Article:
Quantum Computer on a Turing Machine. Infinite but Converging Computation. Vasil Penchev. email@example.com , firstname.lastname@example.org http:// www.scribd.com/vasil7penchev http://www.wprdpress.com/vasil7penchev CV: http:// old-philosophy.issk-bas.org/CV/cv-pdf/V.Penchev-CV-eng.pdf.
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Infinite but Converging Computation
The term of “quantum computer” means both:
1. A mathematical model like a Turing machine, which is the general model of any usual computer we use, and:
2. Any concrete technical realization involving the laws of quantum mechanics to implement computations
A classical Turing
tape of bits:
The list of all
operations on a cell:
A quantum Turing
tape of qubits:
A quantum Turing machine
That model is intended:
- For elucidating the most general mathematical and philosophical properties of quantum computer or computation
- For their comparison with those of a classical computer or computation
That model cannot serve to design any technical realization of quantum computer just as the true machine of Turing cannot as to a standard computer
are two complex numbers:
, are two orthonormal
vectors or a basis such as two orthogonal
great circles of the unit ball
defines a point of the unit ball
and define a point of the unit sphere
Given any point in (complex) Hilbert space as a vector one can replace any successive couple of its components such as (, with a single corresponding qubitsuch that:
if are not both 0. However if both are 0 one needs to add conventionally the center ( to conserve the mapping of Hilbert space and an infinite qubit tape to be one-to-one (*) (**)
Quantum Turing tape
One qubit(an infinite choice)
Turing tapes = well orderings:
What is the relation between information and its carrier, e.g. between an empty cell of the tape and the written on it?
The classical notion of information or algorithm separates them disjunctively from their corresponding carriers.
The Turing machine model represents that distinction by an empty cell, on the one hand, and the set of values, which can be written on it, or a given written value, on the other hand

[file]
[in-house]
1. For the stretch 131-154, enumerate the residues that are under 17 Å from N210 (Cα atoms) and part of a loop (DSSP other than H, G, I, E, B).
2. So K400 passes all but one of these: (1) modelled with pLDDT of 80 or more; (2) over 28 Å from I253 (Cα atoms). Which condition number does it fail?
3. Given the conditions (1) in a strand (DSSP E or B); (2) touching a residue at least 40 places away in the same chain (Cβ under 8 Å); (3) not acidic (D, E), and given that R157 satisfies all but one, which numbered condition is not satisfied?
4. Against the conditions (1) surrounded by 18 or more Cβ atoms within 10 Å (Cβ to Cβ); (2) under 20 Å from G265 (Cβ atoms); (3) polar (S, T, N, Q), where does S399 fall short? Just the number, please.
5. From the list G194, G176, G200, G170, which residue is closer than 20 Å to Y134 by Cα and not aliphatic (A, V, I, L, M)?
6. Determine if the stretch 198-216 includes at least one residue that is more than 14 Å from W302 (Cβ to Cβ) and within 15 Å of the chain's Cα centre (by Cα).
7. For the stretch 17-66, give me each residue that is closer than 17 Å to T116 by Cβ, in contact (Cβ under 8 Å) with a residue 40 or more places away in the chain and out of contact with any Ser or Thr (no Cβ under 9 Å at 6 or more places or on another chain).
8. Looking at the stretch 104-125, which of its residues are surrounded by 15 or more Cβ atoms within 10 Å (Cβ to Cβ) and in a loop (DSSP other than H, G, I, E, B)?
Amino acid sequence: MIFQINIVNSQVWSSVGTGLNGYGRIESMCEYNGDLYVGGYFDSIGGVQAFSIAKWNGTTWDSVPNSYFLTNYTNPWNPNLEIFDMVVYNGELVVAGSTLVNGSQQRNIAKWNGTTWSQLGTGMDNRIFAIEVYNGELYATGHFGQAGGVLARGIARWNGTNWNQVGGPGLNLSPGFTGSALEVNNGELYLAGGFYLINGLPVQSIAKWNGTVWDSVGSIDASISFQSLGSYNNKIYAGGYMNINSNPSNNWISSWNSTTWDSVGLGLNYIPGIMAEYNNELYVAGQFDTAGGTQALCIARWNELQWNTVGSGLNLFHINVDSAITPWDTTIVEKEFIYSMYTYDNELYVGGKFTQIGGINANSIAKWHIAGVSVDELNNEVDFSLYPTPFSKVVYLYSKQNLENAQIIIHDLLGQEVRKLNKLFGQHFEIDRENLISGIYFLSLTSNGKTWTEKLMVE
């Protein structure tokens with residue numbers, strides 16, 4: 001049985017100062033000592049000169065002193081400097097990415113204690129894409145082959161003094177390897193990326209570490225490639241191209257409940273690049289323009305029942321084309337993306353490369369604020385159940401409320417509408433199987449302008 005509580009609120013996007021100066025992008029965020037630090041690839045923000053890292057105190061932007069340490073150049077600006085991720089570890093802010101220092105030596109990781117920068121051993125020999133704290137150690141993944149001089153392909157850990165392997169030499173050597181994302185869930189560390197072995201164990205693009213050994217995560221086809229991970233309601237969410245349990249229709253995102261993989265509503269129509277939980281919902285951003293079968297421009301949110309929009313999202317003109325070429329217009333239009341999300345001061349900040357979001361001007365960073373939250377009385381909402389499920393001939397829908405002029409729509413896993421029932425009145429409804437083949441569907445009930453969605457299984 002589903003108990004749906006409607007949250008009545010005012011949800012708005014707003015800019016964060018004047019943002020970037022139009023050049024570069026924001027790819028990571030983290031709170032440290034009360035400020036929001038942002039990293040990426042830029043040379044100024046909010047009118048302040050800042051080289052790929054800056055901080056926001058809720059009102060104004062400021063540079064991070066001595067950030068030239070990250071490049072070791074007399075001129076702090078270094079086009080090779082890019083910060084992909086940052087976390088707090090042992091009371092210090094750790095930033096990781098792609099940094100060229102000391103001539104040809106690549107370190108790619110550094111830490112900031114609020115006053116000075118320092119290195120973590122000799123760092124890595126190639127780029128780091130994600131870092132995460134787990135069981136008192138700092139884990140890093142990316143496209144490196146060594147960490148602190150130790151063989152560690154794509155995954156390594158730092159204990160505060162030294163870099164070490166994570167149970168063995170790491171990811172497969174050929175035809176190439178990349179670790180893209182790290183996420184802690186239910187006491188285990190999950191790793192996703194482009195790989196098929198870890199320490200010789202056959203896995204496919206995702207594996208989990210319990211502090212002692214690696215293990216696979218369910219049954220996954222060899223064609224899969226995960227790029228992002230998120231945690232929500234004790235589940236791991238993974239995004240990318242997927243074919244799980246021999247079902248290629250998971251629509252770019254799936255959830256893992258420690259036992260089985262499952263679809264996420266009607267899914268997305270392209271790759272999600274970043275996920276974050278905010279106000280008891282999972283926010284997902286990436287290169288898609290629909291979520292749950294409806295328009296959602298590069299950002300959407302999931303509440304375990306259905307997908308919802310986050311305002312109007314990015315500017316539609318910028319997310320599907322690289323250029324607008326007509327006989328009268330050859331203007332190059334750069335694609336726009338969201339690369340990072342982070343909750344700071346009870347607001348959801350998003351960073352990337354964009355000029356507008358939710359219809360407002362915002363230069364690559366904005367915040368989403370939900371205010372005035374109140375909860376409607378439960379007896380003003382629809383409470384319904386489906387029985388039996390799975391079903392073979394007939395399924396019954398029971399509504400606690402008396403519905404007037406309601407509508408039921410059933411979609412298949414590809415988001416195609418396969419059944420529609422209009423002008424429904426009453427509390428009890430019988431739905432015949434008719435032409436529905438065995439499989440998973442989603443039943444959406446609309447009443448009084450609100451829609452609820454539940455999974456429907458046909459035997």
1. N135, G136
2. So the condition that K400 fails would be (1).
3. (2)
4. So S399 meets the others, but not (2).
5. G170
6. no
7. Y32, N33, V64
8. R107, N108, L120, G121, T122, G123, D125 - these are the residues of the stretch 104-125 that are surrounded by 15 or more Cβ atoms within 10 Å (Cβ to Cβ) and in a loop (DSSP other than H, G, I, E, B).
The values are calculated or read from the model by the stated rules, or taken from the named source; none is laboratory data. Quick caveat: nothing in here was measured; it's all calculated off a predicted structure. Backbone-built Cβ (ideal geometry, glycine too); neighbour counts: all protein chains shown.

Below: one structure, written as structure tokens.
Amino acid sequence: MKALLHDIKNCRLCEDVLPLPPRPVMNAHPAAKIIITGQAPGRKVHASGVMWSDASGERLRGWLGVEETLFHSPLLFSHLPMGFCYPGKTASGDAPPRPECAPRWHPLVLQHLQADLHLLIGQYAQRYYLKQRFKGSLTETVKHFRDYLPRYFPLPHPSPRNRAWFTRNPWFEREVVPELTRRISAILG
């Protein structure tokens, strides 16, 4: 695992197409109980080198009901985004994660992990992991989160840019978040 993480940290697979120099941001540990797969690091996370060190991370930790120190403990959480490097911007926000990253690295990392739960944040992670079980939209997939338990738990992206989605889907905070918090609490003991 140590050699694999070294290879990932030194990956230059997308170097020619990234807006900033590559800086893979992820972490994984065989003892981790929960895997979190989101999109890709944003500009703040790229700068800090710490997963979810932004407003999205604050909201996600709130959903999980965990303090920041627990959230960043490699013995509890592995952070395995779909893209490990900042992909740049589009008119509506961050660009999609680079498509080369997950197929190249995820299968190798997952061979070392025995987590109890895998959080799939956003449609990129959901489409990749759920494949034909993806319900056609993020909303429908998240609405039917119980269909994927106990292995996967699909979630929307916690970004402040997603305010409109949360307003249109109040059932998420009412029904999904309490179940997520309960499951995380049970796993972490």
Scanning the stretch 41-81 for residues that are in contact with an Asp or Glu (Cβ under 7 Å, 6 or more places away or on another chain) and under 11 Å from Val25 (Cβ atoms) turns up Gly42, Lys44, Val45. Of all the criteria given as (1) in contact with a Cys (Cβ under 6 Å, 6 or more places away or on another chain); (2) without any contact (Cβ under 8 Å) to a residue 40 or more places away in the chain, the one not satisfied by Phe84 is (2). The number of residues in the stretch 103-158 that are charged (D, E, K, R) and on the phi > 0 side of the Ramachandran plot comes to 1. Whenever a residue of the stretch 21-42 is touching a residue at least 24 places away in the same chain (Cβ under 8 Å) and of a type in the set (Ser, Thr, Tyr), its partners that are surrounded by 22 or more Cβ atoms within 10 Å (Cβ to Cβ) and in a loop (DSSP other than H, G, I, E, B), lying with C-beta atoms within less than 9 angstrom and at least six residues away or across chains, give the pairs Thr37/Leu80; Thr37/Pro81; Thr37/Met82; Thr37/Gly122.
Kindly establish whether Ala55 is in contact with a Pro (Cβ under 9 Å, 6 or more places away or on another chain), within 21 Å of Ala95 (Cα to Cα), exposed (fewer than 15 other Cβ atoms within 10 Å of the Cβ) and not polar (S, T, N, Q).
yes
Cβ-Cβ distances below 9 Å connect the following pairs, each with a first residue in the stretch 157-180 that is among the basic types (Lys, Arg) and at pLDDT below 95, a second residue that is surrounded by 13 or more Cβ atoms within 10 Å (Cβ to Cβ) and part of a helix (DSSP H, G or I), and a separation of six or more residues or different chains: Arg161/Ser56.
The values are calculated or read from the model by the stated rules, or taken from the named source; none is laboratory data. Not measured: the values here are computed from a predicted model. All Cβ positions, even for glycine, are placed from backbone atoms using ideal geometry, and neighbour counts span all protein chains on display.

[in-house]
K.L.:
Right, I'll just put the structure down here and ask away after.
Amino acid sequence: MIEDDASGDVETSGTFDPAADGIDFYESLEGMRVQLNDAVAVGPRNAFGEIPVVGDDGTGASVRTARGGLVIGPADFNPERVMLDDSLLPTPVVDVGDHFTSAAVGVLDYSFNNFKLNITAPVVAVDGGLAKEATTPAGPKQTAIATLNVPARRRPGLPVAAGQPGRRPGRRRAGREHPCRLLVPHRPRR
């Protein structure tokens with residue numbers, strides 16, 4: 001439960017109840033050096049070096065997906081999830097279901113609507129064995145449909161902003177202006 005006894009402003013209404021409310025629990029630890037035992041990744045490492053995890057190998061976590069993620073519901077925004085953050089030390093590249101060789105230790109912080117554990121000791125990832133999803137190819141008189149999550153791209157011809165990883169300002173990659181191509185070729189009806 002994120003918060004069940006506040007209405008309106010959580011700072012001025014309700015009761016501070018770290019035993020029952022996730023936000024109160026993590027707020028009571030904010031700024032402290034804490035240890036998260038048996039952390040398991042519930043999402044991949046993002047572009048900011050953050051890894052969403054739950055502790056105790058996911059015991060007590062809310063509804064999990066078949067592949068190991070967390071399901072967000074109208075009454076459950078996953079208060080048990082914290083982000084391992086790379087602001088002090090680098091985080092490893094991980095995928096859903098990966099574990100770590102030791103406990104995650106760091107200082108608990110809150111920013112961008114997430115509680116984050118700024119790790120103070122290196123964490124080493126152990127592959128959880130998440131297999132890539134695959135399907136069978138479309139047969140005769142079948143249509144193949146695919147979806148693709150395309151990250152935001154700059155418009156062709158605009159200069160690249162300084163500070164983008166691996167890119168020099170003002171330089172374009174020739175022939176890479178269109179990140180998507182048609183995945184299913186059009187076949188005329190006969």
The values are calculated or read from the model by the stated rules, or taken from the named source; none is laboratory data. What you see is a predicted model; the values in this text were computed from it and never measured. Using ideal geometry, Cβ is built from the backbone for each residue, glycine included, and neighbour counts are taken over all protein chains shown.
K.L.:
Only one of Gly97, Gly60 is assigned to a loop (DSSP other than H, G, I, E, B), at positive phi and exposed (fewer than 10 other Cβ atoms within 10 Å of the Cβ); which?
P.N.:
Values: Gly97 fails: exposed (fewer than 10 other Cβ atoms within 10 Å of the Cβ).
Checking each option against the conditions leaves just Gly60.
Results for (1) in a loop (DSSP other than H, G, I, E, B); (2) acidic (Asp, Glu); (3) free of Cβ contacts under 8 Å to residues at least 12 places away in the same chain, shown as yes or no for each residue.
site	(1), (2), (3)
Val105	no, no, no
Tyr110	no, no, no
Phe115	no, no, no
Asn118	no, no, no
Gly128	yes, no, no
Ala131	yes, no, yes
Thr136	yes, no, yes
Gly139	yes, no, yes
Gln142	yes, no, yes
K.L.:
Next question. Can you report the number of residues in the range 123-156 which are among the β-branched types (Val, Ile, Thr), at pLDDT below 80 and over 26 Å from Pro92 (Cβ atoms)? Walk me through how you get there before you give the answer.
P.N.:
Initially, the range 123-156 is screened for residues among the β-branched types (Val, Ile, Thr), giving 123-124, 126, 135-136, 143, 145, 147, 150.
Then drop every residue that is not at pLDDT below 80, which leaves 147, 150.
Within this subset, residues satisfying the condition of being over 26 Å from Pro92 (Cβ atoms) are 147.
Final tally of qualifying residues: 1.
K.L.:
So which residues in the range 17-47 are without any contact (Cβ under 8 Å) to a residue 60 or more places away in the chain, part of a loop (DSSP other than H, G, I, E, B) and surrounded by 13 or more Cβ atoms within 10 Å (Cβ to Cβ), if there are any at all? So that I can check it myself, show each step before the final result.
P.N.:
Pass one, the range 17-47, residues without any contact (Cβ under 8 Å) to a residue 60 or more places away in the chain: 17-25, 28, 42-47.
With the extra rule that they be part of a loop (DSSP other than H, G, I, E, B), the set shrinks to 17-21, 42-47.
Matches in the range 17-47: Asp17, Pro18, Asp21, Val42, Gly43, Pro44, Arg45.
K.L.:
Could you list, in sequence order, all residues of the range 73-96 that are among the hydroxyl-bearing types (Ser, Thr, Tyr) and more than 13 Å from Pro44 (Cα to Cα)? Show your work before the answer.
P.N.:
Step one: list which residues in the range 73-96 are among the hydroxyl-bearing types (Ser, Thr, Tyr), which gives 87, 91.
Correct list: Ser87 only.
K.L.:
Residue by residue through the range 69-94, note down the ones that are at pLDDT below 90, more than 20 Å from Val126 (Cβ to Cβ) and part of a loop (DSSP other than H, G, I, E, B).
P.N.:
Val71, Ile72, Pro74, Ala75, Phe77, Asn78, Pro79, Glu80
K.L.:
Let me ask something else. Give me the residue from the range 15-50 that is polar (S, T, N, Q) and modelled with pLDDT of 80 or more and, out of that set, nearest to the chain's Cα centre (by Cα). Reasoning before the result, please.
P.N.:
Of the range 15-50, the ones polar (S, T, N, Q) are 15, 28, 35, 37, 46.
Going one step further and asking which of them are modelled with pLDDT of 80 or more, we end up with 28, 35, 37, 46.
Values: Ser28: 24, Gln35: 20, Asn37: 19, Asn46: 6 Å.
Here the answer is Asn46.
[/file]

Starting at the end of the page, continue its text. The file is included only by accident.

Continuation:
as a given and
of that carrier
The carrier of
An empty cell
The classical concept of information divides unconditionally information from its carrier and excludes information without some energetic or material carrier:
Information obeys the carrier: no information without its carrier: Information needs something with nonzero energy, on which is written or from which is read. Otherwise it cannot exist
OK, but all this refers to the classical information, not to the quantum one. One can call the latter emancipated information
The definition (e.g. of Shannon) of classical information delimits the quantity of some information from the number of cells on its carrier: that definition is not invariant to the transformation between the quantity of information and the number of cell for it.
All those classical demarcations are removed in quantum information:
It coincides with its carrier
Potential and actual choice merge
The empty cells and the written on them are interchangeable (as a basis and as a vector in an orthonormal vector space like Hilbert space)
However all this contradicts our prejudices borrowed from “common sense”: so much the worse for the prejudices ...
The particle “carries”
the information of all its
properties and quantities:
That is: the set of them
is ‘particle’ or the ‘carrier
The ‘particle’ is split into
two complementary sets
of properties, each of
which can be as if the
carrier of the other. Their